Record-low approval ratings for Republicans killed their bargaining power over the budget and debt ceiling, says Sen. Lindsey Graham, R-S.C
If not for their cellar-dwelling likability, Republicans could have repealed the medical device tax and gotten other concessions, Graham said Wednesday night on CNN's "Anderson Cooper 360."
"But by the time we made a deal, we're at 75 percent disapproval," he said outside the Capitol building as his colleagues inside were casting their votes in favor of a bill agreed to earlier in the day by Senate leadership.
The bill would open the government until Jan. 15 and raise the debt ceiling until Feb. 7.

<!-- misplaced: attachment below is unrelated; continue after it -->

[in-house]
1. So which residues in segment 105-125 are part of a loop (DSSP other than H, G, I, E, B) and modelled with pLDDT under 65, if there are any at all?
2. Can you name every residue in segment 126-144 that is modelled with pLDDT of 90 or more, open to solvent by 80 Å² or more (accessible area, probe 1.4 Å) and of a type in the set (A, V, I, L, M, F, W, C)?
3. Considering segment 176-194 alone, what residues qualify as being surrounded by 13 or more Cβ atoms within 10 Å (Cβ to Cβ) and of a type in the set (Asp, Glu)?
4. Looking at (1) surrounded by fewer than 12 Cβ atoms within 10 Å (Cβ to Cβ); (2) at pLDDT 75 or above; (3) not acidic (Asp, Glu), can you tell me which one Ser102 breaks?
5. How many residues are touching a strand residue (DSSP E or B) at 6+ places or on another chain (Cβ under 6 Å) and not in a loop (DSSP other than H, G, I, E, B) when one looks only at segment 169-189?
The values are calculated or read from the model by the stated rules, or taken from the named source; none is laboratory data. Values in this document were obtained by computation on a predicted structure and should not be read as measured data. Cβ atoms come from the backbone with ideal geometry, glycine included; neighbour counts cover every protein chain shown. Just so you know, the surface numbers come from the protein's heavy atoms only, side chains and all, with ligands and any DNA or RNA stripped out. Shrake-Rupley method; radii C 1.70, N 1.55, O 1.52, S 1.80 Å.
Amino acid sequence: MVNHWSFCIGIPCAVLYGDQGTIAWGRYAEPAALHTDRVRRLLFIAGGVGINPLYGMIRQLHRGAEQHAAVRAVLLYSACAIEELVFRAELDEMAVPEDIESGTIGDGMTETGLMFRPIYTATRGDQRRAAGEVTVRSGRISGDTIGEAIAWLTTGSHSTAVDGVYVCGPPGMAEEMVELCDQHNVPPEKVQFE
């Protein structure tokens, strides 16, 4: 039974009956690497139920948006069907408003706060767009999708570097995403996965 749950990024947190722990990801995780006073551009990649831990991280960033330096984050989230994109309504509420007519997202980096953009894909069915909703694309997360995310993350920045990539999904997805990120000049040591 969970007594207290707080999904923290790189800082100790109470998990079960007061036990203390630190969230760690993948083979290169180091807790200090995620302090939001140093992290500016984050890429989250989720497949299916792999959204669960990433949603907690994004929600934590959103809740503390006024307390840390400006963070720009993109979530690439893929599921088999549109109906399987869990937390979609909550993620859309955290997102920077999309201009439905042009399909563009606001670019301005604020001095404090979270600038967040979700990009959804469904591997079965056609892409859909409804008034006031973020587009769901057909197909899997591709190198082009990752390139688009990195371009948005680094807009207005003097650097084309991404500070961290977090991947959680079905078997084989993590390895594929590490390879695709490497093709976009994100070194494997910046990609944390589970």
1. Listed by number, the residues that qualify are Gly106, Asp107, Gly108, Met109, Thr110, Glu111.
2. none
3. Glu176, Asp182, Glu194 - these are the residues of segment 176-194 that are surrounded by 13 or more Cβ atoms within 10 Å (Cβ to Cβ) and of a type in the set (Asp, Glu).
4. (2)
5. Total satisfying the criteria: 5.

"Not a whole lot of leverage when 75 percent of the people don't like what you're doing," Graham said.
"So those polls really had an impact?" Cooper asked.
"Well, you can't let 20 or 30 polls cloud your thinking, apparently," Graham said in jest. "Of course they had an impact. And to the people on my side who thought this turned out to be a good idea, I just think that's not reality."
Polls show 60 percent of the public wants to fire every incumbent. And President Barack Obama's approval rating is also at rock bottom
"I can understand general disgust with everybody," Graham said, "and I can understand why we suffered the most."
The whole experience has been a wake-up call for Republicans, he said. "Democrats know they didn't really shine, either."
But Graham said the shutdown will eventually be old news, while the Obamacare rollout fiasco will continue.
Graham predicted that if the Affordable Care Act sees no changes by summer, Democrats will be begging the GOP for help.
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